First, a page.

Inapposite to the teachings of this conventional practice, the inventors of the present invention have innovatively recognized an improved arrangement for the ion-sensing element. More particularly, as illustrated in FIG. 1, this improved arrangement allows placing an ion-sensing element 16 upstream of the point (plane, or region) of fuel injection. This arrangement is believed to result in appropriate flashback detection with a more feasible and manageable geometry. The exemplary embodiment of FIG. 1 illustrates one electrode ring as the ion-sensing element. It will be understood, however, that the concepts of the present invention are not limited to any particular electrode shape or electrode size since the electrode shape or size may be suitably tailored, based on the specific needs of a given flashback sensing application.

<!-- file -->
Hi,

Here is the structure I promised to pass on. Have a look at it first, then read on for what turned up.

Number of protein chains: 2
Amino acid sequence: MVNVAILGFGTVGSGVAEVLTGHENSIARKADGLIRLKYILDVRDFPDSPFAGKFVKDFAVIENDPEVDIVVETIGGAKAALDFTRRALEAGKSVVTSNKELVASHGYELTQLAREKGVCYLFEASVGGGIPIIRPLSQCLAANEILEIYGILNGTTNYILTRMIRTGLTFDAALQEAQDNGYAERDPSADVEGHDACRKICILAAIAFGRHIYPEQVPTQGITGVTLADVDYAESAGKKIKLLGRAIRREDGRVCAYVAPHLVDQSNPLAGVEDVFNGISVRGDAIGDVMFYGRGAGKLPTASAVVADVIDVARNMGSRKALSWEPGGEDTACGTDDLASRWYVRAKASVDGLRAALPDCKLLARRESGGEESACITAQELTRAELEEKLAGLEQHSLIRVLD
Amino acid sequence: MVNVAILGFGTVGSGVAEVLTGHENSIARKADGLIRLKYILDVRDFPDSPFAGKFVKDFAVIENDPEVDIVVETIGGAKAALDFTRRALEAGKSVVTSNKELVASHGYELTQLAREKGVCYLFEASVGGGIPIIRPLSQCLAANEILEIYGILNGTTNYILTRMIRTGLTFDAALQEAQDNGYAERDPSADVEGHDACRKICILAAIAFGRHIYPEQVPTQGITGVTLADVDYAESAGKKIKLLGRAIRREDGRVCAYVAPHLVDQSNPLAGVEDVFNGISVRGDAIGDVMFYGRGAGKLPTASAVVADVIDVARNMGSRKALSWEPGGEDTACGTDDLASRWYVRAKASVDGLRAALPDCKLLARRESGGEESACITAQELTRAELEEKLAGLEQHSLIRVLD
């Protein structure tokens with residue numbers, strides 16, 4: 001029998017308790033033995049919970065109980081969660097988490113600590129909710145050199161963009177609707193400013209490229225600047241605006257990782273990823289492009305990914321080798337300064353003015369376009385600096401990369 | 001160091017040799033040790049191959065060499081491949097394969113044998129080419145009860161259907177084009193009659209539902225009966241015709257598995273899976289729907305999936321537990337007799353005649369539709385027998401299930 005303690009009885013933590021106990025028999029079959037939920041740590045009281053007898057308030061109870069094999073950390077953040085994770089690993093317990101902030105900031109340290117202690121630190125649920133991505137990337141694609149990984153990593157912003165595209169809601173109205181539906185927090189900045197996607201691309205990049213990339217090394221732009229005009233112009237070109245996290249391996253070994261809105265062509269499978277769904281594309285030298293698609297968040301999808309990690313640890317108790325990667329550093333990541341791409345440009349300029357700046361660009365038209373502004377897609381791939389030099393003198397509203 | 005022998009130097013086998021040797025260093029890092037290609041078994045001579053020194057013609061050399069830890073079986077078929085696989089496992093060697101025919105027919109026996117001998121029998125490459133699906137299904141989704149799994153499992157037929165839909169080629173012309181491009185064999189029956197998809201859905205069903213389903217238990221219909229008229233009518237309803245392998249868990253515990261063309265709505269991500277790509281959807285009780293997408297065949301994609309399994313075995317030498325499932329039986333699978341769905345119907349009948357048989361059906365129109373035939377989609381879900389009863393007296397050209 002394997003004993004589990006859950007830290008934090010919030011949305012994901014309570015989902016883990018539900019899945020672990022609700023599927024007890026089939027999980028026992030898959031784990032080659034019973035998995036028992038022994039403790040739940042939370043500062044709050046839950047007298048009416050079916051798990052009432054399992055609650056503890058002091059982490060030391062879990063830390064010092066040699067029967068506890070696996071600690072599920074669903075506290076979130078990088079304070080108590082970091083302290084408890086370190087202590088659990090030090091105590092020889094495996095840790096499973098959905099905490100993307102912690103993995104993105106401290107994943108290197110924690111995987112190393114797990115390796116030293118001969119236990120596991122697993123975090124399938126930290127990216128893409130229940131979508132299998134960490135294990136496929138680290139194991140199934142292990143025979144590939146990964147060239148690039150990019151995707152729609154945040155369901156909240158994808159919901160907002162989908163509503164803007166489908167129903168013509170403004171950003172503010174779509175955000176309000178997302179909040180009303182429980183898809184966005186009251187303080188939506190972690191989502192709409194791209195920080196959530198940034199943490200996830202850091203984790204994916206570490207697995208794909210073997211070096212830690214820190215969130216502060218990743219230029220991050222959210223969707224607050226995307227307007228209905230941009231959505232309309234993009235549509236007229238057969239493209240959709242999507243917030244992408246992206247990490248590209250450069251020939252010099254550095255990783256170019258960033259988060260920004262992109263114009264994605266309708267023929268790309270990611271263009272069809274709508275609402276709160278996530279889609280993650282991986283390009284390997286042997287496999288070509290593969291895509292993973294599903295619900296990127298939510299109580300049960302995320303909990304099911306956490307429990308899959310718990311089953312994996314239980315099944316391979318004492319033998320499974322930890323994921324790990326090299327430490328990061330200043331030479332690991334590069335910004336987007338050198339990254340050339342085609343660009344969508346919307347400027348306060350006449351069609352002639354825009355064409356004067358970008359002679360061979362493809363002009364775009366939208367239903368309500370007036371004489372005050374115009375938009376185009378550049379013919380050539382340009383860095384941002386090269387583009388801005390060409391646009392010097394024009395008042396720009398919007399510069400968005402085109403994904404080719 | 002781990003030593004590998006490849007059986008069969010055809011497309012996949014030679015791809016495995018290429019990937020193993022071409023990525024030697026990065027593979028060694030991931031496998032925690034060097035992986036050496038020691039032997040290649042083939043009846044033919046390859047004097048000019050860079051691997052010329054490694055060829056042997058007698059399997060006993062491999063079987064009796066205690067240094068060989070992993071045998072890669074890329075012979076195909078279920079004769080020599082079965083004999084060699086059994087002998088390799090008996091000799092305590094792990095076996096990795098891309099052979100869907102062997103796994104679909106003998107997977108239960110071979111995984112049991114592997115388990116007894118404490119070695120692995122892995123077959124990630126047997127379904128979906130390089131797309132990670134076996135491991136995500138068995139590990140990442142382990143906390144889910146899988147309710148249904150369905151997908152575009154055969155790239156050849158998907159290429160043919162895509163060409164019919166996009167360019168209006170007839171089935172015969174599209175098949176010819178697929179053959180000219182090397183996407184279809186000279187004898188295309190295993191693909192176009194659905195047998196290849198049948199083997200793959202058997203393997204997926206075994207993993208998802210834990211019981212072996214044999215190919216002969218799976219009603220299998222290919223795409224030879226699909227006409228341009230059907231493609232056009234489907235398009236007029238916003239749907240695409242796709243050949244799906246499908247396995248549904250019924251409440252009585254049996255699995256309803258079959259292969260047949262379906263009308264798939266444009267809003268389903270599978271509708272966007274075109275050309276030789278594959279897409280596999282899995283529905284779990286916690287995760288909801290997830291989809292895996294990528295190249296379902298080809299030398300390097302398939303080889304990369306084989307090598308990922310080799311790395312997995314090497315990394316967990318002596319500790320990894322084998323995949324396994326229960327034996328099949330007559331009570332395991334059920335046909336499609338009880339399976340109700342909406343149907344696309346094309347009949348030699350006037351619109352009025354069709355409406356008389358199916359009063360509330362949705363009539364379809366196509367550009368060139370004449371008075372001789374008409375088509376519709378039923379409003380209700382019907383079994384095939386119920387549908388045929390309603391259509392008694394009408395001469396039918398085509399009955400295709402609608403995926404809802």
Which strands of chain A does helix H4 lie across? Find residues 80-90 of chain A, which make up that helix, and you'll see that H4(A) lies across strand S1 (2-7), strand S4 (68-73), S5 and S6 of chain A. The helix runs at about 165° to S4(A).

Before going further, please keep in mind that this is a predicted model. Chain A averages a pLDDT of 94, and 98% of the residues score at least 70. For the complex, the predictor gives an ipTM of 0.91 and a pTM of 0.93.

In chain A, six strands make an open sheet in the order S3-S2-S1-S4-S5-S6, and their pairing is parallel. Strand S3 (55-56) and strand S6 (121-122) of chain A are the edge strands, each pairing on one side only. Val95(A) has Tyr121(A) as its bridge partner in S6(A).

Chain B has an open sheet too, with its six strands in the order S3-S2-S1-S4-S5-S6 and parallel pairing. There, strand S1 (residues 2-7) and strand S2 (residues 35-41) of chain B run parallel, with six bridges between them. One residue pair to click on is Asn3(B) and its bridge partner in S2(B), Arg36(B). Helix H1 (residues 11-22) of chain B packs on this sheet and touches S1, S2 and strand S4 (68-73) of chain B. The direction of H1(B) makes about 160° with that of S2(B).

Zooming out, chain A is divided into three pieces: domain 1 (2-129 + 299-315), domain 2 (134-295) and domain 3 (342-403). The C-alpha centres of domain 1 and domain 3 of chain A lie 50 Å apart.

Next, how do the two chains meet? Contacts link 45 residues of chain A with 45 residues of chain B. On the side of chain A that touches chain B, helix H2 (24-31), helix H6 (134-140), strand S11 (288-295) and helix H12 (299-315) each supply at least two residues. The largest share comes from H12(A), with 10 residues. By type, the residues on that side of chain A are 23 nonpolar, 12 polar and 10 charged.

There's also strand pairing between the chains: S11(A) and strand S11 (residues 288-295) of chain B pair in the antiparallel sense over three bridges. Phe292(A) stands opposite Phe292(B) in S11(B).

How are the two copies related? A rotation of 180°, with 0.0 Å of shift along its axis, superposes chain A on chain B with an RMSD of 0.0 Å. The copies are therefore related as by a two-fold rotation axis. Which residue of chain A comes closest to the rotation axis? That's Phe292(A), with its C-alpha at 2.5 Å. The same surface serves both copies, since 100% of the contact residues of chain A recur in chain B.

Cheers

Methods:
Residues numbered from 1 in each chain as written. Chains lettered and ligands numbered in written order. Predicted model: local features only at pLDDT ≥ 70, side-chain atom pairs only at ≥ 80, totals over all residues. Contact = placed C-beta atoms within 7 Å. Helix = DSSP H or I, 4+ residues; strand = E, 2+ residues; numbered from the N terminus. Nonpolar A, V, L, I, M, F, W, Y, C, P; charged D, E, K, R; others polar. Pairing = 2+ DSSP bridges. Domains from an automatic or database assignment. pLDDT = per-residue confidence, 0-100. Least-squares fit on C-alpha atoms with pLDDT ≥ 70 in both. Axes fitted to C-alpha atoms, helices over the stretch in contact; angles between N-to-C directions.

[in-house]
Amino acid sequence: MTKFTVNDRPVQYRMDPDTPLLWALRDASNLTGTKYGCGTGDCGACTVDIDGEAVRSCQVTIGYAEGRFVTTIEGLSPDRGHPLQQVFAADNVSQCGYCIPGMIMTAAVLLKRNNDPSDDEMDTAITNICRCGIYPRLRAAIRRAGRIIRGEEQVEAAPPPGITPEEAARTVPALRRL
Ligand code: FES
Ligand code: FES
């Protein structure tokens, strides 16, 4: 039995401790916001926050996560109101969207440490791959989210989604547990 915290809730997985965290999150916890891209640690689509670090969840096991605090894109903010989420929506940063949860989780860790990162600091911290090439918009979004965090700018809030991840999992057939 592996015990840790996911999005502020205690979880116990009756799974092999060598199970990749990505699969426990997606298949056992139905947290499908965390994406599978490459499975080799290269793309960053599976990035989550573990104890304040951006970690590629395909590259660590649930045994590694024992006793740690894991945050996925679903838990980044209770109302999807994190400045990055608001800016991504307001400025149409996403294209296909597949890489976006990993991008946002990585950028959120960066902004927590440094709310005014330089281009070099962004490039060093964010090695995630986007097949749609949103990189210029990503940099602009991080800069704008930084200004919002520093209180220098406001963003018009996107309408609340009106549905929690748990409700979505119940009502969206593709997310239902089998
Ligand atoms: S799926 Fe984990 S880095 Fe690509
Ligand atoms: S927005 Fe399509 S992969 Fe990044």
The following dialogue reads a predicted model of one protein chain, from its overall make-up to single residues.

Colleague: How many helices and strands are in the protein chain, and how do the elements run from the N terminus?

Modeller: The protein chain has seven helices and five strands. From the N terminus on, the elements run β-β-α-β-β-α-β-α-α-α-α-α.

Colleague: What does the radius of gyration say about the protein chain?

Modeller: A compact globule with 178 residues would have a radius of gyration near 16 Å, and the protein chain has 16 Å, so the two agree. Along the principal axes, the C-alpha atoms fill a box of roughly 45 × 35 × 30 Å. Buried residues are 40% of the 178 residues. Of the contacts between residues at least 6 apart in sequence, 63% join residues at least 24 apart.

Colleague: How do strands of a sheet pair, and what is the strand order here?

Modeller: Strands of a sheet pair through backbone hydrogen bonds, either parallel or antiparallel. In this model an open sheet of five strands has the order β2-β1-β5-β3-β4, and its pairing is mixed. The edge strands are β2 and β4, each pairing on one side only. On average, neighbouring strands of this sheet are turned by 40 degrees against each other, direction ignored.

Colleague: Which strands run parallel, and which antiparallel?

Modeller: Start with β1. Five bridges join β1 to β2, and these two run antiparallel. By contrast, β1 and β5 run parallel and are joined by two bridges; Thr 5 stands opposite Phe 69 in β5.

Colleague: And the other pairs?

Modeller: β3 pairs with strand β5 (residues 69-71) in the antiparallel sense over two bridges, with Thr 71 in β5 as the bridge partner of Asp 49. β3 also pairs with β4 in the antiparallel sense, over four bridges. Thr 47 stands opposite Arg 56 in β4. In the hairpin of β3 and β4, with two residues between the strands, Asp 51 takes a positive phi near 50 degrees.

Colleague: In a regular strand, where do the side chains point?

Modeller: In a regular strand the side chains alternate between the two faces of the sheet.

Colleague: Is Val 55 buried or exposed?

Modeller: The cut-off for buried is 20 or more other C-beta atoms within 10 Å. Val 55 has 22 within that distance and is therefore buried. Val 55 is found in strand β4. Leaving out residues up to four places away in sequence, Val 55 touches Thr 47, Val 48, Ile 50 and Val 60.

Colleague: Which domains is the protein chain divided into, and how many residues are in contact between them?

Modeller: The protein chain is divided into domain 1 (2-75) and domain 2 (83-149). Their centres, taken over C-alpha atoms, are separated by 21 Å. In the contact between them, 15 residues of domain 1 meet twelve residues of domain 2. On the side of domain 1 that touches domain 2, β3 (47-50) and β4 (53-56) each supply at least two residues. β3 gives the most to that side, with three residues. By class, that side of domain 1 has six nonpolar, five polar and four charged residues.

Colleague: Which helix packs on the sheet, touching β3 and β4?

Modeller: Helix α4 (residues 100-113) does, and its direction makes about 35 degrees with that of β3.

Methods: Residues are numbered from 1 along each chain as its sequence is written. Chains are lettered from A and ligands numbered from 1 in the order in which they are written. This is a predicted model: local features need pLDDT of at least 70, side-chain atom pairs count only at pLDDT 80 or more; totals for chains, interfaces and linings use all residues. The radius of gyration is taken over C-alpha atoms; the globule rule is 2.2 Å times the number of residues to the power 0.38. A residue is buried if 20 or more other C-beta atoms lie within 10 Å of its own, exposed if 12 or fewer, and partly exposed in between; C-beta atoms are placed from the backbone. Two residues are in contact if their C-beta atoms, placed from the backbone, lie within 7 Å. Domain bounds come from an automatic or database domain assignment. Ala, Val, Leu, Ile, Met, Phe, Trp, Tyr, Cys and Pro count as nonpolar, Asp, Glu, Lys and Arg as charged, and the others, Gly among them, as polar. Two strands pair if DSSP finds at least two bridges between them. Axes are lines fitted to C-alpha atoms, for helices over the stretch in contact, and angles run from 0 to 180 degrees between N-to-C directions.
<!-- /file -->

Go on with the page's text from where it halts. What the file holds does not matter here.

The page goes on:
FIG. 1 further illustrates an exemplary embodiment where the ion-sensing element 16 is positioned upstream with respect to a plurality of swirler or mixing vanes 18. As will be understood by those skilled in the art, the plurality of swirler vanes 18 may be disposed across the path of a flow of a compressed gas 20, e.g., air, as may be received from a compressor section (not shown) of the turbine to impart a swirling pattern to the air and facilitate the mixing of the fuel and air. It is noted that in this exemplary embodiment care should be exercised to ensure that blockage of the field of detection of the ion-sensing element 16 (that could occur due to the presence of the swirler vanes 18) does not result in a substantially attenuated flashback response signal that may interfere with or prevent flashback detection. For example, signal attenuation may vary based on swirl vane angle and other geometrical considerations, such as vane size, vane gap, open area, etc. It is contemplated that in alternative embodiments one could integrate the ion-sensing element 16 directly onto the swirler or mixing vanes 18, as shown in FIG. 5. For example, such integration may use a suitable insulator between the “sensor” part of the metal swirl vane and the non-sensing part. The sensing part and the insulator would be mechanically joined to the non-sensing part using techniques well-understood by those skilled in the art. Alternatively, one could locate the ion sensing element 16 to be downstream of the mixing vanes, and upstream of the point (plane or region) of fuel injection, as shown in FIG. 6.